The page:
airedale   August 18, 2014 08:54 AM
I don't understand all the hate for this bike. A lot of folks like the looks of the UJM style bikes but don't have the time, inclination, or skills to keep a 35 year old motorcycle on the road. For those people this is the only real option currently on the market. If you don't like it don't buy it.
56Steve   August 18, 2014 07:17 AM
"If you were a motorcyclist back in the 1960s or ‘70s" Well not in the 60's bike didn't come out till 78. Glad to see it back, I had a SR500 about 10 years ago, fun bike on a back road but could be a little cantankerous to start but the SR400 with FI should solve that. I hope they sell a bunch so I can pick up a used one down the road.
motousa_adam   August 16, 2014 12:02 PM
Haha!! Well said, Piglet2010 !! Adam
Piglet2010   August 15, 2014 05:21 PM
Since it says "Yamaha" on the side people say it is overpriced. But if the same bike said "Harley-Davidson", it would magically become a bargain.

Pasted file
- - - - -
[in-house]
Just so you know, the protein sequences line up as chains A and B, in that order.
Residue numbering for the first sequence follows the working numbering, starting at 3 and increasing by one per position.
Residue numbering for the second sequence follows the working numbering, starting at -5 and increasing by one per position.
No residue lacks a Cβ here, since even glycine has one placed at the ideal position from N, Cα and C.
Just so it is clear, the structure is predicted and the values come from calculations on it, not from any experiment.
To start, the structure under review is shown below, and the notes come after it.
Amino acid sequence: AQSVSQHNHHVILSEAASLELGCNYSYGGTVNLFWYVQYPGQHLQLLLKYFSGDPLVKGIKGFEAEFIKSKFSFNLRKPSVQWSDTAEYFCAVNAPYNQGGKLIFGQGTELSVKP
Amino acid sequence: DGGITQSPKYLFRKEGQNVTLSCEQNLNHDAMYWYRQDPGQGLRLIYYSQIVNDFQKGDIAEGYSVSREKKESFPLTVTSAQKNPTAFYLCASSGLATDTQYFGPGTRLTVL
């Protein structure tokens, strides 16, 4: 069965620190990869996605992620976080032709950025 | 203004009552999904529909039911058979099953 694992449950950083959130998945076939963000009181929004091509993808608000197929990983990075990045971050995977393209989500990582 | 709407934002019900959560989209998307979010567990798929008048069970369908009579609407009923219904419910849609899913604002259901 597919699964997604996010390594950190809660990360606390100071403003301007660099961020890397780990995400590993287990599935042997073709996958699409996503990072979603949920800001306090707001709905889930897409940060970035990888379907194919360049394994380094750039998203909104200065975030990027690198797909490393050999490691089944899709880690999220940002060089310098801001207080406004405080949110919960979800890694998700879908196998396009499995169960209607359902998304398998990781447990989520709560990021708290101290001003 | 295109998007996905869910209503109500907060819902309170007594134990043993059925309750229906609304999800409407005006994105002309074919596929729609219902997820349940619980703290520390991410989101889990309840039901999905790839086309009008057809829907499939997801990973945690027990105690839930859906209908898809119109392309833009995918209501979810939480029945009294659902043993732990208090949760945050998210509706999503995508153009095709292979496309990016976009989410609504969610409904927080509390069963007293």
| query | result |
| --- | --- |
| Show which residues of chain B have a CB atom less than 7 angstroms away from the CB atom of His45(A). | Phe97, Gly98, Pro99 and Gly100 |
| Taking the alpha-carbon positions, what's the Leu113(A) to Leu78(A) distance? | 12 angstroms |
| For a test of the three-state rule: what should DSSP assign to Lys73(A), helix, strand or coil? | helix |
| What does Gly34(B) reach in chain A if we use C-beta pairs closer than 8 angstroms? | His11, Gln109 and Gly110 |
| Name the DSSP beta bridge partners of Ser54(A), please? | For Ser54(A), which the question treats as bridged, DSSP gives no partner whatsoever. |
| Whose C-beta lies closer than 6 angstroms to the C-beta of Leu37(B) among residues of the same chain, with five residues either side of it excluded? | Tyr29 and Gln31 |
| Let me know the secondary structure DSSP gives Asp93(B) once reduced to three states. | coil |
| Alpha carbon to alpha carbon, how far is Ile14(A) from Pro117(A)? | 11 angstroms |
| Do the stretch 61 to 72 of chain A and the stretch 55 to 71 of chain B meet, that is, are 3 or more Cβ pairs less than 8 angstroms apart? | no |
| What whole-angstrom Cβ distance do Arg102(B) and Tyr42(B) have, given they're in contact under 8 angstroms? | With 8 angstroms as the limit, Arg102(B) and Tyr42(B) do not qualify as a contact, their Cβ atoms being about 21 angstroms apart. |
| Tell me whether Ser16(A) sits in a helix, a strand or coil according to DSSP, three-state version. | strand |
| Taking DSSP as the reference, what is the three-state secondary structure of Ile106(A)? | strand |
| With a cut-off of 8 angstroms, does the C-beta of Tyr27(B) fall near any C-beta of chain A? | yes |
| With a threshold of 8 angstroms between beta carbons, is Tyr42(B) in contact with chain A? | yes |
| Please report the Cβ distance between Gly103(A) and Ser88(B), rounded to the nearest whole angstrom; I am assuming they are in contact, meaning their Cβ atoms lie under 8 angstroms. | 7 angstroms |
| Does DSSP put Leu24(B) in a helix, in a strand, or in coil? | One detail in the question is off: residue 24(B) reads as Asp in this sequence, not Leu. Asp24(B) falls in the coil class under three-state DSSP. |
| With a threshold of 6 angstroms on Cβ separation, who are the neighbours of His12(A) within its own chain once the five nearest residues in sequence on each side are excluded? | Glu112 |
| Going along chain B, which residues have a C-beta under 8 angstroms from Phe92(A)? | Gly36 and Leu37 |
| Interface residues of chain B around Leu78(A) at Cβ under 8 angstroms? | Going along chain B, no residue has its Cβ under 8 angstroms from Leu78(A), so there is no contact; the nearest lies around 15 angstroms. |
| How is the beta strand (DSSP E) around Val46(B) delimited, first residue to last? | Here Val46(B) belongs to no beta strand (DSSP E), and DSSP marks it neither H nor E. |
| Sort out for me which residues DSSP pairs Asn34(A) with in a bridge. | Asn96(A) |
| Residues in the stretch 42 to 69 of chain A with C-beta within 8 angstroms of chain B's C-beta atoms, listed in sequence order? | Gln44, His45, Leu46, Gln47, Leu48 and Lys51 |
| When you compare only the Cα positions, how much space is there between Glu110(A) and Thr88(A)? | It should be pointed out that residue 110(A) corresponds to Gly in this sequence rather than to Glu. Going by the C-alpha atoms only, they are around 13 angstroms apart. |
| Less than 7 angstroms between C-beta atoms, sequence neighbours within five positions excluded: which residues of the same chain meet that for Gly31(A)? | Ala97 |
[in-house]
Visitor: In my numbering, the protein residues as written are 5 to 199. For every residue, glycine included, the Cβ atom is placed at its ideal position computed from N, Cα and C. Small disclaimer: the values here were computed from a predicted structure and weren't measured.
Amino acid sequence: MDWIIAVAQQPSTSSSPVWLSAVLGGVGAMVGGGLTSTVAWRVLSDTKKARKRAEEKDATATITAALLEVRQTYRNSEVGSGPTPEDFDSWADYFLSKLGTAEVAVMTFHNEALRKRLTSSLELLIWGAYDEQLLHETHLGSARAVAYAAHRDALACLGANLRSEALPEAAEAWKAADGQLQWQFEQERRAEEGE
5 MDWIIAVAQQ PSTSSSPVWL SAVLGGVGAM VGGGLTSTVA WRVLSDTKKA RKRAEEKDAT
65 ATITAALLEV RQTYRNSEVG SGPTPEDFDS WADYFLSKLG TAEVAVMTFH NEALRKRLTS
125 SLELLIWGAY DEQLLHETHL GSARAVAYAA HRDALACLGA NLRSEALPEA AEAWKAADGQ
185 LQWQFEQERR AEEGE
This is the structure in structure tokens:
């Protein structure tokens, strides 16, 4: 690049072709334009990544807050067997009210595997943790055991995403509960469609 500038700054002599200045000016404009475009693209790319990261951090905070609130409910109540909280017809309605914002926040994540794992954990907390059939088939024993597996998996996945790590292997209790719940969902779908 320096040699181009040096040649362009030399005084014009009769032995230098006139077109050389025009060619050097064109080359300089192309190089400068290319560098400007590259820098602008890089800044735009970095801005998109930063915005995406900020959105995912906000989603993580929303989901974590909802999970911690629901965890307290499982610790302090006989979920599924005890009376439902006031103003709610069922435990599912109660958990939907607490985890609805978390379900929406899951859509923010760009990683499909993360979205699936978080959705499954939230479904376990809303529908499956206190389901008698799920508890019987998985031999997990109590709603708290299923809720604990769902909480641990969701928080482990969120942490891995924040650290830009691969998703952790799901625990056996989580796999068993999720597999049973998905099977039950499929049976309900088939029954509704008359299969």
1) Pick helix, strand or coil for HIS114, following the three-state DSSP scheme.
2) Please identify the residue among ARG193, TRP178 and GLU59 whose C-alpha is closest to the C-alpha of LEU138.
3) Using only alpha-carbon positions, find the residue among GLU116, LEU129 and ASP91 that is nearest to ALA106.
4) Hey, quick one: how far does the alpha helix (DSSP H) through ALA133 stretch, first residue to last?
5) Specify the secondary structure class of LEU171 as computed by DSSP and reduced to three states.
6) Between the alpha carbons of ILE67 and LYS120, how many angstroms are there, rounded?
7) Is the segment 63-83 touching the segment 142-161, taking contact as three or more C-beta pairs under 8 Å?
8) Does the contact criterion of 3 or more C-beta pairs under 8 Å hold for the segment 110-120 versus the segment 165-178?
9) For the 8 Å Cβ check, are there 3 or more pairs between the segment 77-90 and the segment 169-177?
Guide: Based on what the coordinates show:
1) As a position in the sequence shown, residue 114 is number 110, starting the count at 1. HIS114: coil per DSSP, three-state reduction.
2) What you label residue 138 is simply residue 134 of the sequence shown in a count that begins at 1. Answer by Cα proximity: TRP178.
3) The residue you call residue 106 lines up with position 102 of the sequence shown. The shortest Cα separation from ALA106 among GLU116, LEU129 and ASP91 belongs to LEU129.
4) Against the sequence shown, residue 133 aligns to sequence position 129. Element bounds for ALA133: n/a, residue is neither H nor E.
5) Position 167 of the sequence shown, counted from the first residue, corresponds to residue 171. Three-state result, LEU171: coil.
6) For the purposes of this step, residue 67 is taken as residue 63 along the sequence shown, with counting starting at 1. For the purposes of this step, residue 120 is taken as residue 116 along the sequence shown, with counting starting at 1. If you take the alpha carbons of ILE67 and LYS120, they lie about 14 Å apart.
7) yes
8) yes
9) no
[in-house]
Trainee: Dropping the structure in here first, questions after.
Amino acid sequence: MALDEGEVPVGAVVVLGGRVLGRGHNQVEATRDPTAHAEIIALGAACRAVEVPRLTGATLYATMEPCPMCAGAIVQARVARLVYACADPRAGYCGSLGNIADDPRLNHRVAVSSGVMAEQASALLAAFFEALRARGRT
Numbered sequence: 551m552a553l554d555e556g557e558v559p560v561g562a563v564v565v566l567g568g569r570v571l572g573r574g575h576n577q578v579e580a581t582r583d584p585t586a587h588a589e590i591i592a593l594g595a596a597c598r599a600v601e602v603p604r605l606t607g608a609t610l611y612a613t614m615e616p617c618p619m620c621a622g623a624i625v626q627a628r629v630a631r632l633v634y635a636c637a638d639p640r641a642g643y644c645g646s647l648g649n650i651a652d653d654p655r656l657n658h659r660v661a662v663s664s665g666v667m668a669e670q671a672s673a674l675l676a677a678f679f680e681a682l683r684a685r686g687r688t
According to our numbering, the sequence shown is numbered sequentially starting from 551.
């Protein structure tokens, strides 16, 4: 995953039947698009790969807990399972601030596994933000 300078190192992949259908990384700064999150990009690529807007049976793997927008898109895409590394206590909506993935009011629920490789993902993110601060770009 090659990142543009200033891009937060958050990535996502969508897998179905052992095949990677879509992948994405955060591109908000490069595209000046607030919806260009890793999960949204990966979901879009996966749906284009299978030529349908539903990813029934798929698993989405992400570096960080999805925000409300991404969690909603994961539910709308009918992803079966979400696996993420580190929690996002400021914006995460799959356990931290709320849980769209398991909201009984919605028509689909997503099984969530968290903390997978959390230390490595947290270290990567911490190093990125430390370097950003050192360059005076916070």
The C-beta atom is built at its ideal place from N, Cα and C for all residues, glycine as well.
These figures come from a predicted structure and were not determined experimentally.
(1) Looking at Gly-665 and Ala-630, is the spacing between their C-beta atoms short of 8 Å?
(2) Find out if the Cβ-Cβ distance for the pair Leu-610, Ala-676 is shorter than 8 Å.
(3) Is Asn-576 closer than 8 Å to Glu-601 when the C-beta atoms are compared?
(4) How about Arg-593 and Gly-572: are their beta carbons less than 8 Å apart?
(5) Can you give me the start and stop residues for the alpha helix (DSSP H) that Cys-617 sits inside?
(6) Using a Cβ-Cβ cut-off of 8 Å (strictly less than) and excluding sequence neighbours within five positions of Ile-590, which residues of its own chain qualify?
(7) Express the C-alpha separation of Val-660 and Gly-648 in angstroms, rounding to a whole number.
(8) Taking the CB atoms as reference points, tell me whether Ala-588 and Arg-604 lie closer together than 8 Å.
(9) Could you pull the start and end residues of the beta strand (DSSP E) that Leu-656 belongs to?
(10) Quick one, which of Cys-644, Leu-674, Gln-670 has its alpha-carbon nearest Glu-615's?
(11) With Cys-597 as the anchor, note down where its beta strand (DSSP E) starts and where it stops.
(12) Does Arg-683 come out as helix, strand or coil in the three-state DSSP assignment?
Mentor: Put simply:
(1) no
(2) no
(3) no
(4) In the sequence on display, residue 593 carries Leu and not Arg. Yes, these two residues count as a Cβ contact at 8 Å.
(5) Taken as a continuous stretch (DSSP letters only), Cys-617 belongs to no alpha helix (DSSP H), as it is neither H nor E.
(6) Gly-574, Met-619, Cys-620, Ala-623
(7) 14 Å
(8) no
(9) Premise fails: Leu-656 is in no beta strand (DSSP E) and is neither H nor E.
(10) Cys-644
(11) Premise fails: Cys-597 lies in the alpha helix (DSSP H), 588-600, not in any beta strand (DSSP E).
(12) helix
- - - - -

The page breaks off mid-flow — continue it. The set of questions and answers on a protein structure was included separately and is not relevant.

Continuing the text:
kz1000st   August 15, 2014 10:39 AM
I'm with the people who say "Wait and buy the leftovers". This is an SR-500 revisited. It goes no faster than a Suzuki GW-250 but cost a lot more. It's even more than a CB-500, yet is no better. Nostalgia is nice but even Harleys don't have kickstarters anymore. Offer both, electric and kick, and you might have something. But not much. I owned a W650 for ten years. It sounded great, it looked great, it got attention every time I stopped with it. I never liked it. The past belongs in the past. Those half price multis work better and last. I'll take a thirty year old Maxim or Seca any day. This I'll just smile at.
Motdog   August 15, 2014 10:31 AM
@woodco100- The Vstar250 is $4340 and you want Yamaha to price the SR400 at $4k? That's not happening. The demand on this bike is red hot right now and given the fact that Yamaha will not be flooding the market place, we can safely assume that there won't be any dust collecting in a long time. BTW, all of my local Yamaha shops can't hardly keep this bike, the FZ07, FZ09 or Bolt on their floor.
vegavairbob   August 15, 2014 08:40 AM